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Congress Eyes Reaction to Pre-Sept. 11 Warnings
May 16, 2002 09:36 AM ET
 

By Steve Holland

WASHINGTON (Reuters) - Members of Congress raised questions on Thursday as to whether the Bush administration should have reacted better to warnings in August that Osama bin Laden's followers might hijack U.S. passenger planes.

North Carolina Democratic Sen. John Edwards said on ABC's "Good Morning America" there were three "enormous red flags" that should have sent alarm bells ringing.

Alabama Republican Sen. Richard Shelby, vice chairman of the Senate Intelligence Committee, said he was troubled that the White House waited eight months to make the disclosure.

"There was a lot of information. I believe and others believe if it had been acted upon properly we may have had a different situation on Sept. 11, we don't know that," he said on NBC's "Today" show.

The White House revealed on Wednesday night that President Bush was briefed on U.S. intelligence in August, while at his Crawford, Texas, ranch, that bin Laden's network might hijack U.S. passenger planes.

But the White House insisted Bush received no information to suggest that bin Laden's al Qaeda network planned to use airplanes as missiles as they did to attack the Pentagon and destroy the World Trade Center. "Until the attack took place, I think it's fair to say that no one envisioned that as a possibility," White House spokesman Ari Fleischer said Wednesday.

The disclosure came amid questions about whether U.S. authorities failed to recognize and respond to warnings about possible terrorist attacks before the hijackings of the four passenger planes on Sept. 11.

Members of Congress were asking some tough questions, pointing to three pre-Sept. 11 warning signs: the U.S. intelligence Bush received, the fact that an FBI agent had written a memo urging FBI headquarters to investigate Middle Eastern men enrolled in American flight schools, and the arrest in Minnesota of Zacarias Moussaoui, who was believed to be training for a suicide hijacking.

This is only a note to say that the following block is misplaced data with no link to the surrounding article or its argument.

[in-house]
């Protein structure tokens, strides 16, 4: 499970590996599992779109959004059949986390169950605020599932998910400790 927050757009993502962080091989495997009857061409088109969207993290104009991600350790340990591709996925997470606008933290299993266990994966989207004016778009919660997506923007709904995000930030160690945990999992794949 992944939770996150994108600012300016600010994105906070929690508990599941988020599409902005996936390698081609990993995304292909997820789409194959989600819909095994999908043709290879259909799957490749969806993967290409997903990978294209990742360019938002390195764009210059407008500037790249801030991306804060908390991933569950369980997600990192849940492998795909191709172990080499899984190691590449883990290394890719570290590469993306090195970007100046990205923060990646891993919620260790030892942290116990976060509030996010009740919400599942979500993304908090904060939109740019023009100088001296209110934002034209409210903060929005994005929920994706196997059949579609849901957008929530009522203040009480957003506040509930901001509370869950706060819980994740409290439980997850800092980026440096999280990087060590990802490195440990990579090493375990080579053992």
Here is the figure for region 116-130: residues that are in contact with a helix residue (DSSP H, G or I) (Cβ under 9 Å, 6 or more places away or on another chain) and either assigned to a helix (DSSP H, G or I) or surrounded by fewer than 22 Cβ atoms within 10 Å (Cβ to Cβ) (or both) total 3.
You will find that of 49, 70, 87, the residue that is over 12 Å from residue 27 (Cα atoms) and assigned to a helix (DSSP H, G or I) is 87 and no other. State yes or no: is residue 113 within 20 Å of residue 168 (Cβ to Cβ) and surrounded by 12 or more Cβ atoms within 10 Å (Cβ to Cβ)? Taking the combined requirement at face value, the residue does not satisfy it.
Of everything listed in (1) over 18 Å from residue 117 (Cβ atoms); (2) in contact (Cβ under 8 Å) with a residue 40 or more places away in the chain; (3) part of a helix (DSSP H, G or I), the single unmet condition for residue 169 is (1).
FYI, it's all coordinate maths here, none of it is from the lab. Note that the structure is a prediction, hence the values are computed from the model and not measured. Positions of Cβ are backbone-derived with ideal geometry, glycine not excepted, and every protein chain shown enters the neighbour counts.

"We've got terrorists connected to al Qaeda out in Arizona engaging in flight training, we've got Moussaoui arrested and being interrogated in Minnesota, we've got the president being briefed while he was on vacation in Texas about the possibility of these airplanes being hijacked. I mean, was anything done about any of those things?" Edwards said.

He called on the administration to help Congress investigate what happened, saying there has been some tension from the White House over starting a probe.

"A LOT OF QUESTIONS"

"We still have a lot of questions to ask and there has been some resistance to starting the investigation. Certainly immediately after Sept. 11 that made sense but we're clearly at the place now, we need to get to the bottom of this," he said.

Shelby said: "Does the FBI know what's going on in its own shop? Obviously not."

"We're not looking to cast blame. We're looking at ways to improve our intelligence and the sharing of intelligence to provide security for the American public," he said.

Bush made no immediate comment on the situation.

He attended a National Hispanic Prayer Breakfast in Washington and said prayer has helped Americans of faith to get through the last eight months.

"The last eight months have showed the world the American character is incredibly strong and confident. Yet, prayer reminds us that a great people must be humble before God, searching for wisdom -- constantly searching for wisdom from the Almighty," he said.

Washington accuses bin Laden's al Qaeda network of masterminding the attacks, which killed more than 3,000 people.

"There's been a long-standing awareness in the intelligence community, shared with the president, about the potential for bin Laden to have hijackings," Fleischer said. "The information the president got dealt with hijackings in the traditional sense -- not suicide bombers, not using planes as missiles."

After the information was presented to Bush, the administration put domestic agencies on alert in the summer, just months before the Sept. 11 attacks, Fleischer said.

That alert was not announced publicly but Fleischer said it may have prompted the hijackers to change their tactics.


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